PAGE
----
At 10 A. M., on the morning of the 6th of July, we descried the Island of St. Helena. It appeared as a huge rock standing in the midst of the wide ocean, and the same evening we were so close to it that we might have thrown a biscuit on shore. This island may be conceived to be a stupendous rock rising out of the bosom of the sea, quite inaccessible except at one place; it is situated in the Atlantic ocean, and about 1200 miles distant from the west coast of Africa.
The whole area of it is, we understand, about 30,000 acres, a greater part of which is unfit to be
cultivated. The cliffs, on all sides, are from 700 to 1200 feet in height, and it is so well defended by fortifications, as to be considered invincible in the hands of the British.
As night came on, we hove to on the other side of the island; and on the following morning we came opposite James' Town; a boat was sent on shore, which returned in a few hours, and we set sail with the hope of touching at nowhere else but England.
The only town on the island of St. Helena is James' Town, and the population is said to be upwards of fourthousand. This barren and lonely place became the scene of great interest, from being the confinement of that extraordinary man Napoleon Buonaparte, who having for a series of years disturbed the peace of Europe, became an exile to this place in 1816, where he ended his earthly career on the 5th day of May, 1821, and was interred with all the honors due to him as a great military man. We have since read, that his remains were conveyed to Paris by the French, and buried in that country.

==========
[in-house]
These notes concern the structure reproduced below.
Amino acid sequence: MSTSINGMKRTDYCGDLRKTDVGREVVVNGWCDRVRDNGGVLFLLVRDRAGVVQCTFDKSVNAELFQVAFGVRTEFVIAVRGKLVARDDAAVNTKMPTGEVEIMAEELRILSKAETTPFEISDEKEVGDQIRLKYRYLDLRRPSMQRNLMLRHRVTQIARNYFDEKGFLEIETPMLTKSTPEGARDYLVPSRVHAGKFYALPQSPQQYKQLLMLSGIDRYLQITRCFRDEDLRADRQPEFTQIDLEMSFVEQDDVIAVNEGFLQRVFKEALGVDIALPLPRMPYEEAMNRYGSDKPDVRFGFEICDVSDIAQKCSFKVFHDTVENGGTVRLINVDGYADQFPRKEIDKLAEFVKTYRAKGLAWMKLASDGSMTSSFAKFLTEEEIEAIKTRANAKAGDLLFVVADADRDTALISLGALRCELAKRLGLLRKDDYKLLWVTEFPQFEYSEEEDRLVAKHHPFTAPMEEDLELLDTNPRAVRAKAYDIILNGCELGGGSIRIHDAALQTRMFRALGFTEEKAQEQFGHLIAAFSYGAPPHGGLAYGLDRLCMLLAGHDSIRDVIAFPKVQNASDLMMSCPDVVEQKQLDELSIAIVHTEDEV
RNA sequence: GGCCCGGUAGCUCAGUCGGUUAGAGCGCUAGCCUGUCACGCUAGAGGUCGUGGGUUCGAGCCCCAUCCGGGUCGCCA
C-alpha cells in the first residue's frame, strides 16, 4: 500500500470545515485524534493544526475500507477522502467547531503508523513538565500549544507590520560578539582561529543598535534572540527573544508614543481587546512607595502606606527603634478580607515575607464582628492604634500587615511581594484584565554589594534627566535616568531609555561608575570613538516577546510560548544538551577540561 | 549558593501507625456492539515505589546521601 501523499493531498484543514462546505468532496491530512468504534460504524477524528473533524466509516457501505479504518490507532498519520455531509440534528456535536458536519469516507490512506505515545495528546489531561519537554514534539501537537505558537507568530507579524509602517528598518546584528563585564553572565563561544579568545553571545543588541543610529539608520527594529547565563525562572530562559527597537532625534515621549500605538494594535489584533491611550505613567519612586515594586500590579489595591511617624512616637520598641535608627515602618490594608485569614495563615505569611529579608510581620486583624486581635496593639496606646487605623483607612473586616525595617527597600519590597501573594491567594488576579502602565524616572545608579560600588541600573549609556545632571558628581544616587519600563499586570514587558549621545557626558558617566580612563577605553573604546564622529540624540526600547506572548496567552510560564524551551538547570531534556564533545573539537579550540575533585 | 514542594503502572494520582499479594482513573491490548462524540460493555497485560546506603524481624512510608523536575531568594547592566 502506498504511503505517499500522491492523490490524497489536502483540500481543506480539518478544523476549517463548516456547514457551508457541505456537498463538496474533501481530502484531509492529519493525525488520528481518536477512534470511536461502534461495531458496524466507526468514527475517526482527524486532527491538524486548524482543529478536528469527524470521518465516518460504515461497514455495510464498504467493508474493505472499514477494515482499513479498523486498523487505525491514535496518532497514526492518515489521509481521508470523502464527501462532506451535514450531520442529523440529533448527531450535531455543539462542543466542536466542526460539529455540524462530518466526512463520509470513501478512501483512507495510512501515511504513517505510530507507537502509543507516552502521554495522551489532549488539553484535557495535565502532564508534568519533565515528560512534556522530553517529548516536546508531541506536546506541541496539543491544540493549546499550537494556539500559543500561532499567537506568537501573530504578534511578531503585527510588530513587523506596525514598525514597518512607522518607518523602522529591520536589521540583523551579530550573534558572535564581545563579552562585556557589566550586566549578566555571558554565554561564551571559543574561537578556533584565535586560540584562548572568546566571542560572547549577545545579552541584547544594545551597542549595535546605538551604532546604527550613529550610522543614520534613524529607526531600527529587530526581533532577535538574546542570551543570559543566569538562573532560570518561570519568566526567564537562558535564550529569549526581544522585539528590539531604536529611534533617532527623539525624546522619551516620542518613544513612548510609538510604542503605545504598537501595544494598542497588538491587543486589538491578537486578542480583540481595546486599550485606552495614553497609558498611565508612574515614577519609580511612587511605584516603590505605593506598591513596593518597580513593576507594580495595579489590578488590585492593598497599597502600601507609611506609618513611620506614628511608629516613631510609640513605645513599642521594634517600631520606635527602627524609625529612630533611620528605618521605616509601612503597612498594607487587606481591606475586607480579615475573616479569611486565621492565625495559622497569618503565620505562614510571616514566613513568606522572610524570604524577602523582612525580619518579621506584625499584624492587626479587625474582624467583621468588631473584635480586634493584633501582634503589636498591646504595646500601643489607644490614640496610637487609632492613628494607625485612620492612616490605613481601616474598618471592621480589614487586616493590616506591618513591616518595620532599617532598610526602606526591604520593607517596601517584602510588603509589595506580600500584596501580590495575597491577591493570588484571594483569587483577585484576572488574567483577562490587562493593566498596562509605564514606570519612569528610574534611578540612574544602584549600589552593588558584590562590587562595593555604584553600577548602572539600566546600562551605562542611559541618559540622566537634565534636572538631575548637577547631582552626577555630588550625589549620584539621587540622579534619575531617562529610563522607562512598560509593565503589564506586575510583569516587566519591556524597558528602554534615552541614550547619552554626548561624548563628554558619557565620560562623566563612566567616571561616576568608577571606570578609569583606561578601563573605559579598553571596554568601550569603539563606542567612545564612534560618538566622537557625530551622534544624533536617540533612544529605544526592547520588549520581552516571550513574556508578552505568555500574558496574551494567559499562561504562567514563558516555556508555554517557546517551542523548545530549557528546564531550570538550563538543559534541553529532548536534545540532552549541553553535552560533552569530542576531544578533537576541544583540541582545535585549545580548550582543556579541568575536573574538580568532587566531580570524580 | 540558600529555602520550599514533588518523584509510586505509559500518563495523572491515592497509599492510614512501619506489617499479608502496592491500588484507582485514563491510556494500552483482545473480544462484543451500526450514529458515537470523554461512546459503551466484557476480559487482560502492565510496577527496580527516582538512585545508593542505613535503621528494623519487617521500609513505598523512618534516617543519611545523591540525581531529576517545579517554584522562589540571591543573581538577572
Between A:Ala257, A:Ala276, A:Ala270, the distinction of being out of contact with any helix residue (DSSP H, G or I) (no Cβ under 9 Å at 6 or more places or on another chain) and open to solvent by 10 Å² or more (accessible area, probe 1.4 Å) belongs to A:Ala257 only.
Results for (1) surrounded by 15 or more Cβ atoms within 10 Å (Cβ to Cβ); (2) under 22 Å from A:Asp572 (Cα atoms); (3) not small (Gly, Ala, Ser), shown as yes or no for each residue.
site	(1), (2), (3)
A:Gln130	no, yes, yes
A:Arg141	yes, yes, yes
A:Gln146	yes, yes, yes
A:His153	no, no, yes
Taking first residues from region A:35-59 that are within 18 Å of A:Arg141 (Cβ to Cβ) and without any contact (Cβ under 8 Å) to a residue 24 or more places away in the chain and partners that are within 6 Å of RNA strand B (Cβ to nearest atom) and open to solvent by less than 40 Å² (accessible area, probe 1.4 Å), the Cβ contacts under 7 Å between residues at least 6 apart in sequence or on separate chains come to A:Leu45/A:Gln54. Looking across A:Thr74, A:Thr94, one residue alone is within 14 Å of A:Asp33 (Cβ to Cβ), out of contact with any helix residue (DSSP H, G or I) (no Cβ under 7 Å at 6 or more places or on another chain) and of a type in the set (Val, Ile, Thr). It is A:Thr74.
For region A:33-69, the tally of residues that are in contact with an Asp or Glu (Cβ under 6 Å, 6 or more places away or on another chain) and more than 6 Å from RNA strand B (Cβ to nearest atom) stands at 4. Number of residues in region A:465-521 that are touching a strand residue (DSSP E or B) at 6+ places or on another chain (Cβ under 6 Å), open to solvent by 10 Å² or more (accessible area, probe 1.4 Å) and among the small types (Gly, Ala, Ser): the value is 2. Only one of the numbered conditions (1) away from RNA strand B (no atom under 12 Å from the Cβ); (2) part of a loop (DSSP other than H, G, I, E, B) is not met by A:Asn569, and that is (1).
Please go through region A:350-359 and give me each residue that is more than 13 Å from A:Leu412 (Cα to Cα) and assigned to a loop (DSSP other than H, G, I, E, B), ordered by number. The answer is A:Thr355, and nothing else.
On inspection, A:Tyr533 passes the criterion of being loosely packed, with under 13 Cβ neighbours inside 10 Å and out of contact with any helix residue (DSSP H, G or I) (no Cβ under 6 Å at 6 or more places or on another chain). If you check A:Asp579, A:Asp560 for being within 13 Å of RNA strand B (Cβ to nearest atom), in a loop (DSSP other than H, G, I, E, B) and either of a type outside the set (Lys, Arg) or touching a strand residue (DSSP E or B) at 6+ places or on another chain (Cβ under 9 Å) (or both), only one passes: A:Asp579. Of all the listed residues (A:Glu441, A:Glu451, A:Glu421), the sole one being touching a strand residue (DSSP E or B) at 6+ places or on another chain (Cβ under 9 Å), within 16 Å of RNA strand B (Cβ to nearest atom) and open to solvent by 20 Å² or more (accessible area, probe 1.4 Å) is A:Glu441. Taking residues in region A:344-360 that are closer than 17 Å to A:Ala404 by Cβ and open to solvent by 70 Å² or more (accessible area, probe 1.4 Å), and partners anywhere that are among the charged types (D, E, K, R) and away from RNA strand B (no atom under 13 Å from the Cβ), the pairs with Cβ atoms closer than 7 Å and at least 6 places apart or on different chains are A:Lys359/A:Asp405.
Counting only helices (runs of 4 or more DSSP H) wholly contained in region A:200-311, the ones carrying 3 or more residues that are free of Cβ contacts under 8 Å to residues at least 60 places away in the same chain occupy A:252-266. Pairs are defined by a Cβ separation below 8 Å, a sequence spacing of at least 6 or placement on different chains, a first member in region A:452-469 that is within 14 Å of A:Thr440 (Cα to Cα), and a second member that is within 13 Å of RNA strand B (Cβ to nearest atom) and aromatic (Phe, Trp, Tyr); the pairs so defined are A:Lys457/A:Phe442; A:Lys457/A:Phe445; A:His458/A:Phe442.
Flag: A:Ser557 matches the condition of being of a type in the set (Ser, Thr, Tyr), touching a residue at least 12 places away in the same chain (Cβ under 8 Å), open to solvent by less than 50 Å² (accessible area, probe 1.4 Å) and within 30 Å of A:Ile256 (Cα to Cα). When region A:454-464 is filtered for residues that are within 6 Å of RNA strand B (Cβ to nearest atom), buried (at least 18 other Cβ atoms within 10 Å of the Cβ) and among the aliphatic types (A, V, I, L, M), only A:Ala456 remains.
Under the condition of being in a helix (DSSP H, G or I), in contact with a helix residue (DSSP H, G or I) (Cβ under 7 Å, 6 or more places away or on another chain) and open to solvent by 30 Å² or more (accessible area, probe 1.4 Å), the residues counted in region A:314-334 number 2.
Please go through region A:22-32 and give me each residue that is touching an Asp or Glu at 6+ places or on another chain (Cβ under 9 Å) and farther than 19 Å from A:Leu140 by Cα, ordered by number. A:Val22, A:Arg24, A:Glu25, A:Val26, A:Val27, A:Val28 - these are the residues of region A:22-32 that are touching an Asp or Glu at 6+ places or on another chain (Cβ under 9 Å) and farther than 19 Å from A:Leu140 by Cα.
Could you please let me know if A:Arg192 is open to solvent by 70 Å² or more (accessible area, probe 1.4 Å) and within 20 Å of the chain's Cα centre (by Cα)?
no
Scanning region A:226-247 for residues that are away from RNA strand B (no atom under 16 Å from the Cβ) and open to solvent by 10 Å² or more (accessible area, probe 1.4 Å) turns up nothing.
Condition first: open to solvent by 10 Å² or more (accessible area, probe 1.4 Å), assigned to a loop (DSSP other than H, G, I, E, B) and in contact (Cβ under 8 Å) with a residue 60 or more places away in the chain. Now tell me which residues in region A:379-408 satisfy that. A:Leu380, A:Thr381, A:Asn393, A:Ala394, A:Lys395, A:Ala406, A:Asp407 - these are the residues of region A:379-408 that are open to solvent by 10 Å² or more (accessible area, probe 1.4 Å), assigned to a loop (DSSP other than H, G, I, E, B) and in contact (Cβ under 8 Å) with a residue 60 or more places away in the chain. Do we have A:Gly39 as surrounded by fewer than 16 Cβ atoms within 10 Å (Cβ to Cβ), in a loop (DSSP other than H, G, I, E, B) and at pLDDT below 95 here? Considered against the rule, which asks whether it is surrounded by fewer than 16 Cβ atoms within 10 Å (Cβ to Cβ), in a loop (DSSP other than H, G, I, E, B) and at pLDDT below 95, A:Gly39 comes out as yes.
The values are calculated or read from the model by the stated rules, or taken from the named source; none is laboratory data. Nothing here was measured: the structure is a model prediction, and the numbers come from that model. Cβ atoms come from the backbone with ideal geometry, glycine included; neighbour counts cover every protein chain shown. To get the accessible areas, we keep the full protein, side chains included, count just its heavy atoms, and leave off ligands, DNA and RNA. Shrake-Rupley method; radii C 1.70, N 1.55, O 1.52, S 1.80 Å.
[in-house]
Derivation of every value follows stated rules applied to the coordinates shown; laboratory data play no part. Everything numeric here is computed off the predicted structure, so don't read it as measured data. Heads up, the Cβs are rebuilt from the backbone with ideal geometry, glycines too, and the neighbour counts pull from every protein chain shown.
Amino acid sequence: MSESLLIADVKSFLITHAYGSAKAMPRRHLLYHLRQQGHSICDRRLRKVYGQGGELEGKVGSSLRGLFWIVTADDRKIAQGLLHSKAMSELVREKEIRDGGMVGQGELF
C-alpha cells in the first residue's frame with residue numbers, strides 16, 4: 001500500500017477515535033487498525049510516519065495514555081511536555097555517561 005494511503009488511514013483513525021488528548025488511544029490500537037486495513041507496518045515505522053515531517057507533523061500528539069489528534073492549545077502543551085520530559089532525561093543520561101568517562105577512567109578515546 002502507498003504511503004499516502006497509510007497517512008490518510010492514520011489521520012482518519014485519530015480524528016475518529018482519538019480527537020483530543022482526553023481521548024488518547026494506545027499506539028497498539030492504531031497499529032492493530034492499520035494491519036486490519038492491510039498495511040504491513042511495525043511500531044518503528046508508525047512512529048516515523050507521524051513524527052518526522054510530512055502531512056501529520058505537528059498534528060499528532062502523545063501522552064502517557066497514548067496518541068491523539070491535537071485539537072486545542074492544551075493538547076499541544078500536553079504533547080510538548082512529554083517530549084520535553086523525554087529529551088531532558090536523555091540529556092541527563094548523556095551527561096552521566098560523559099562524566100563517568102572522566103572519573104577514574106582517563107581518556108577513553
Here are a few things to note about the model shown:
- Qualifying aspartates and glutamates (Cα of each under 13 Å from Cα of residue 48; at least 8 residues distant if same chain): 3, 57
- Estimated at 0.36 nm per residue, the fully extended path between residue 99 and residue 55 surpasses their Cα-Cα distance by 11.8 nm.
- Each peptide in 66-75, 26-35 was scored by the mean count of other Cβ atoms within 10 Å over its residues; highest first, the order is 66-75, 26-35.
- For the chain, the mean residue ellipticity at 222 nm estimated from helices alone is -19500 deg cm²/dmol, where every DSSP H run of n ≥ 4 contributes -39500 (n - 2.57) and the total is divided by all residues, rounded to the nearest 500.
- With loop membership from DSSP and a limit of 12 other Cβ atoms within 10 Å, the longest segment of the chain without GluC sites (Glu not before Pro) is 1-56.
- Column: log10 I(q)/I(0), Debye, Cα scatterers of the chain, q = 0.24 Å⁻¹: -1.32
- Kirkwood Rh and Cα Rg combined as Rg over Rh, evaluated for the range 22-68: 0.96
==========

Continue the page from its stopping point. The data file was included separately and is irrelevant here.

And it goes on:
. On the afternoon of the 10th of July we passed Ascension Island; and on the 26th of the same month, about the parallel of the Azores, or the Western Islands, we descried a sail early in the morning, right ahead of us. We hoisted colours at seven, when she was sufficiently near; but she did not do so; and after repeated attempts,
we could not learn what she was: it was, therefore, thought that she must be a pirate ship, and we were informed that these latitudes were much frequented by this description of vessels formerly, and they took shelter among the islands when chased. There was only a slight breeze, and the captain took the precaution to give her the best possible reception he could. Accordingly, the poop ladders were removed, and the deck cleared for action. We had only six guns on board, which were kept in readiness—the gunner was called upon to do his best in case of action. The captain, in the meantime, kept watching her movements by the aid of his glass.